Cross Game 49 is indeed excruciating to watch. You may think, well, it’s a sports show, so it has to end with victory, but this series has as many letdowns as triumphs. There would be a certain beauty to it if Seishuu loses, and Kou, Aoba and Akaishi don’t realize their dream of playing in the Koshien. There’s no guarantee that they’re going to win the game, and in fact, the game doesn’t end this episode, so we have another week to wait.
While almost every scene concentrates on the game, we get some thoughts about the past. Not only Wakaba’s tragic death, but what happened last year when the two teams met, and Ryuuou won in extra innings. The slugger Mishima remembers it well. So do Kou and his team. But Wakaba is there as well, and later, when the game indeed goes into extra innings, Cross Game eases on the pressure pedal and we get a few moments of memory. Aoba remembers Kou crying. Kou takes out a batting cage token. We see the river Wakaba died in, the spot where Kou and Akaishi always train. At this point we really need to see these moments, because the game, as I said, is excruciating.
We can see the strain and wear on the Seishuu players. The uniforms get dirtier, the faces marked with grime and sweat. There are lucky hits, errors as well as great plays, strikeout after strikeout. After eleven innings both pitchers are still in there—which shouldn’t be permitted. These are still young, still-developing players. They shouldn’t be allowed to extend themselves so much and risk injury. But in the interest of drama I’ll let that pass. Besides, would you want to be the one to tell Kou he’s being relieved? The way he’s pitching?
There are little battles, some laced with irony. Azuma tells Kou that he can do anything today. Moments later a Mishima homer goes foul by centimeters. His subsequent line drive is caught by Azuma. Kou apparently homers off of Oikawa, the opposing pitcher, well, they don’t really officially say it, and the episode ends right there, but I assume from the camera angle of where the ball went that it was fair; they used a similar trick to show that Azuma’s was foul.
Through it all the players on both sides don’t lose their focus or get too optimistic. They are competitors. They know how good the other team is. They won’t let up. A moment or two of jubiliation is all they’ll permit themselves.
And the other characters? They watch and comment. Aoba and Junpei Azuma have some terrific moments as they watch. When Yuhei Azuma hits a triple, his brother is ecstatic. Aoba looks at him, enjoying his happiness. Akane and her parents watch from the hospital. There is nothing any of them can do. And neither can we. And the game isn’t over.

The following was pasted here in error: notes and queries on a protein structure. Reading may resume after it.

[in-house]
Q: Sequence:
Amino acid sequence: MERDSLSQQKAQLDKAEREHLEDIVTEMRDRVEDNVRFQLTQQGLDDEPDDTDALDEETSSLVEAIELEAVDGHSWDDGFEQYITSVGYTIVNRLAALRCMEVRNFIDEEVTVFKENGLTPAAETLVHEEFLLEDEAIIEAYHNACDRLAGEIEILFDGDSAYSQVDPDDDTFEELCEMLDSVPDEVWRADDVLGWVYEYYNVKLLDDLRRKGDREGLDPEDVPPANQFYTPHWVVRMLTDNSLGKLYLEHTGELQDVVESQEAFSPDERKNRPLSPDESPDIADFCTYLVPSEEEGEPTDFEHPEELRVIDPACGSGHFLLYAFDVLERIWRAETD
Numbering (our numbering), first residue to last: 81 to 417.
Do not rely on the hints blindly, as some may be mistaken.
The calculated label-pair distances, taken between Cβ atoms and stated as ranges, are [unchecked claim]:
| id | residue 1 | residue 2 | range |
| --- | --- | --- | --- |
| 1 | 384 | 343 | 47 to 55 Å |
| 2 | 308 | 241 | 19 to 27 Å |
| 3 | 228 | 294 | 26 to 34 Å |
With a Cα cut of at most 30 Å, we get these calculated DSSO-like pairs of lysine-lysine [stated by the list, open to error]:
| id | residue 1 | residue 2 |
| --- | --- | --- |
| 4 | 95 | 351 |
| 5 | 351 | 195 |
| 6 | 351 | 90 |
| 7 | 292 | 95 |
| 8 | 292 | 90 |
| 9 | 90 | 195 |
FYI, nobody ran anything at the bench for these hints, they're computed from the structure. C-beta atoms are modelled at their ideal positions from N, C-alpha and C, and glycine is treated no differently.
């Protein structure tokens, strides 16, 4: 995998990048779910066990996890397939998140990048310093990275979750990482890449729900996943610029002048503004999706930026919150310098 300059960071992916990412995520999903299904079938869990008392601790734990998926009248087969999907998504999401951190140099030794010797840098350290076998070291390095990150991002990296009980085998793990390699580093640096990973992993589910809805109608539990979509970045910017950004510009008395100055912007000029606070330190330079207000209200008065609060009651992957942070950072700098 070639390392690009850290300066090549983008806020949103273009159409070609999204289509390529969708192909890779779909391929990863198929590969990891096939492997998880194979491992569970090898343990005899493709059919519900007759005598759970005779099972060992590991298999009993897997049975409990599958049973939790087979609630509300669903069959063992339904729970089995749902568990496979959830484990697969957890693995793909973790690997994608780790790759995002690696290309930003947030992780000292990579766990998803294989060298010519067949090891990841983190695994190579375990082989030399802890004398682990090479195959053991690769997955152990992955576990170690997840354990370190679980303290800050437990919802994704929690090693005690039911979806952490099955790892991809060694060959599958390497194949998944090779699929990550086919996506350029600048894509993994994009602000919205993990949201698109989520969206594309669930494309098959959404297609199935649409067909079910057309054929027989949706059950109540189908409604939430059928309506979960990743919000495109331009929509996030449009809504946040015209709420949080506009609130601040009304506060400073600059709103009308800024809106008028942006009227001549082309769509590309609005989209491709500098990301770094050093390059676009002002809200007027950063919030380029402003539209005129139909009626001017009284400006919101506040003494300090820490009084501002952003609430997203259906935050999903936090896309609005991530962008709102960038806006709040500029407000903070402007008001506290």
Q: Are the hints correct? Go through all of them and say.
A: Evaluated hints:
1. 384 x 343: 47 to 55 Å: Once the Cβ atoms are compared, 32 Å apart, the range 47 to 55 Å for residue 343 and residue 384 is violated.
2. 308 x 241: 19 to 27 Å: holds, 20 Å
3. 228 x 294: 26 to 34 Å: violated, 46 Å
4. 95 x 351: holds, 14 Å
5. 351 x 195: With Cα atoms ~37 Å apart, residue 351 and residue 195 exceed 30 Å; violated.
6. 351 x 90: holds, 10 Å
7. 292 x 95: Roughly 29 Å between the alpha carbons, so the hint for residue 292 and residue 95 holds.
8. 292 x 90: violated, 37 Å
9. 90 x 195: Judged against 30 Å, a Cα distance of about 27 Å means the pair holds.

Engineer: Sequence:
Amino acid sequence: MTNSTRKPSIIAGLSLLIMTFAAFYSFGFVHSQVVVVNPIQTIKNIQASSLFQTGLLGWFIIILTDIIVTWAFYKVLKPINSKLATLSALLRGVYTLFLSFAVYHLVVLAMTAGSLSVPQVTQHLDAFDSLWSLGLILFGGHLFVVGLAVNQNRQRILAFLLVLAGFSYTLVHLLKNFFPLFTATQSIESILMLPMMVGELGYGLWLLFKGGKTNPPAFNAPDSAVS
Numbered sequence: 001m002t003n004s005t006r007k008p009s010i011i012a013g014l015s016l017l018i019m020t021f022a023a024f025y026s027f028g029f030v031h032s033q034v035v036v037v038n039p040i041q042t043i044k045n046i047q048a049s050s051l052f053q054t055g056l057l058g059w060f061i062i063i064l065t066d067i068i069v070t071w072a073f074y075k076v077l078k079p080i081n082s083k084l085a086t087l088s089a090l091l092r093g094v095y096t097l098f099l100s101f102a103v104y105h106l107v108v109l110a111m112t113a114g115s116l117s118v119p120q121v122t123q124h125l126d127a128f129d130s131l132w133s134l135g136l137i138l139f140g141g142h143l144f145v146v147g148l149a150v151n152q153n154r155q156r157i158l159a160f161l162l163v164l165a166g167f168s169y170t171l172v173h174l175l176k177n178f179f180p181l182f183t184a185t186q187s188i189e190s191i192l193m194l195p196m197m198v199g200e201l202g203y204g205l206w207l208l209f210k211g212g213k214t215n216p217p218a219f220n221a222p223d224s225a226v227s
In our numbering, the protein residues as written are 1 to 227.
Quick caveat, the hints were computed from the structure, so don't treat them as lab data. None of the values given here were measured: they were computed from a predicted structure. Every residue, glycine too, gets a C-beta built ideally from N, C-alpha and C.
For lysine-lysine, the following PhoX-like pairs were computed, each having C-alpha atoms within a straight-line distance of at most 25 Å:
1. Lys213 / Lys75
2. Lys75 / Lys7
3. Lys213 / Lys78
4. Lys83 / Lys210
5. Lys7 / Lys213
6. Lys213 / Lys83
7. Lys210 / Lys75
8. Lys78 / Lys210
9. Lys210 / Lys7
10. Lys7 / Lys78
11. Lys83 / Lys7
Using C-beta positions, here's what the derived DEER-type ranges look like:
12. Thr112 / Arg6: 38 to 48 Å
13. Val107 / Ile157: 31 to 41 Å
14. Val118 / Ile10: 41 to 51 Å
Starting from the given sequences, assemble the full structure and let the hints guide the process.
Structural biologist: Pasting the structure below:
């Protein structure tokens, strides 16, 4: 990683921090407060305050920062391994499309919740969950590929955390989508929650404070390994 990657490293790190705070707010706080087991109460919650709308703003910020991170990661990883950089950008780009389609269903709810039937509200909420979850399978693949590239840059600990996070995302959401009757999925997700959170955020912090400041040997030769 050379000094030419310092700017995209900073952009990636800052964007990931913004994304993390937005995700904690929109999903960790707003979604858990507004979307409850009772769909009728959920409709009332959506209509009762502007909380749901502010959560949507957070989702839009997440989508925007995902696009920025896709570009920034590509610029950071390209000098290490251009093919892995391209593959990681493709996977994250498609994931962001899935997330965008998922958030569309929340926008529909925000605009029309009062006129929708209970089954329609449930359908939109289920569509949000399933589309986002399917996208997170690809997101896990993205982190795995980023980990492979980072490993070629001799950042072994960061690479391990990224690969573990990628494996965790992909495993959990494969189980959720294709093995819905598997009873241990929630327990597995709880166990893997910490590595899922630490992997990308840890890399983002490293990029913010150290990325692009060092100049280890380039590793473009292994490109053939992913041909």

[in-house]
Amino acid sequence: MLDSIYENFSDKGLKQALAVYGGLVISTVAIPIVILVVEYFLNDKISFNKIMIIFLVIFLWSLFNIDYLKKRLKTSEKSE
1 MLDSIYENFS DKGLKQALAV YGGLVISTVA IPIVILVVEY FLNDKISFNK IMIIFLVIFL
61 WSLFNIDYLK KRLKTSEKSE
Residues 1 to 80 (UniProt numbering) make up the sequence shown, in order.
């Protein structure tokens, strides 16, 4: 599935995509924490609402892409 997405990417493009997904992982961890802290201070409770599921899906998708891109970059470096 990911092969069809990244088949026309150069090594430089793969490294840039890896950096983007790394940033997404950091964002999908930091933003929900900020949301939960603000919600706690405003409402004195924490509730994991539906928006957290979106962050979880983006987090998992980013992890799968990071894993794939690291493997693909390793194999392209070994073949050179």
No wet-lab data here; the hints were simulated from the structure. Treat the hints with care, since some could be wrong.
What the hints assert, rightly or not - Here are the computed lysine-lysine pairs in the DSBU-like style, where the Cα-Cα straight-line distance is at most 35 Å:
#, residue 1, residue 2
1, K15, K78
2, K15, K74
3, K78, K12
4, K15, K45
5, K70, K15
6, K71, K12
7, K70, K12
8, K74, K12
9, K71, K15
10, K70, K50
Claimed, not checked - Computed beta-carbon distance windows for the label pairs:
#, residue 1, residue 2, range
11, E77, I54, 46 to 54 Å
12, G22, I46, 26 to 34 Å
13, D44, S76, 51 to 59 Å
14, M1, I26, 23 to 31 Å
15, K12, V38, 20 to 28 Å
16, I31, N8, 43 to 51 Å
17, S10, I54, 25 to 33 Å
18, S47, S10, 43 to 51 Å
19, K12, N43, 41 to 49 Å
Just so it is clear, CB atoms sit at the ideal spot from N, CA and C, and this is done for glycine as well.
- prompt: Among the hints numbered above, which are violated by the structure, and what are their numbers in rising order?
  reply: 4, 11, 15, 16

Next episode is the finale. How they’re going to handle the game and all the romantic angles in such a short time is anyone’s guess. It’s not like this series to cram too much into one episode.
Nodame Cantabile Finale ends next week, too. They too have a lot to cram in, like what the hell is Nodame going to do now?
This episode is all about the fallout from Nodame’s debut in London. It quickly got posted in YouTube and now music lovers the world over have seen it. Word quickly spreads to Japan and Paris, to the delight, bewilderment and consternation of the other characters. But the effort seems to have drained her of all passion. She had vanished from Paris, and now she vanishes again—to Egypt??
While people look for her, Auclair runs into Stresemann and admonishes him, but I’m not sure what his point is. Auclair says she was nearly at the point where she was living in music, and that Stresemann screwed that up. But how is getting Nodame to perform with an orchestra screwing anything up? She’s playing music, after all. Perhaps such a big scene was too much for her in her current state, and Nodame’s behavior certainly suggests he could be right, but surely wanting to hide afterwards is a normal reaction for someone new to this. She’s just recharging. Meanwhile, Chiaki can do nothing but brood on what he did wrong and wonder if he’s been dumped, romantically, and professionally.
Nodame returns, after discovering she has fans in Egypt, and a weird moment happens. Tanya and the others start barraging her with questions, and she can’t even look them in the eye. However, kids of Chiaki’s orchestra members have come over, and seeing them she perks up and begins to play with them. Chiaki has wondered if she would have been better off in Japan, away from the stresses of professional music, or maybe this is just he way of recharging her batteries. It does leave a lot to resolve in one more episode, even if Chiaki has decided he will say yes to her proposal.
Letter Bee 23 offers one half of boredom and the other as bewilderment. Connor and Niche are captured by the mob. Lag escapes thanks to Hunt, the monstrous guy who isn’t really a monster, blah blah blah. He’s led off by Ann Graad, who feeds him a backstory I don’t fully understand, but she suggests that Gaichuu are attracted to the sealed hearts in letters, which would explain a lot. Oh, Sarah and Hunt are scam artists, but we knew that.
There’s an equally confusing talk between Connor and Hunt. Normally I would just mutter to myself, but this is the first time I can remember that Connor is good for something. He gets Hunt to talk out, and his completely useless dog turns into a superb burrower. About time those two got to do something besides be fat and lazy.
A gaichuu shows up and starts attacking. The townspeople, thinking the Bees and the government are responsible for them, prevent Lag and Connor from fighting back. So, naturally, they throw in a completely unrelated character …
Strolling into town like Clint Eastwood, Zazie clobbers the gaichuu. While I’m glad to see him, don’t ask me what he’s doing here. Don’t ask me what the backstory is. Don’t ask me anything about this episode. It was dull and senseless with a little action at the end.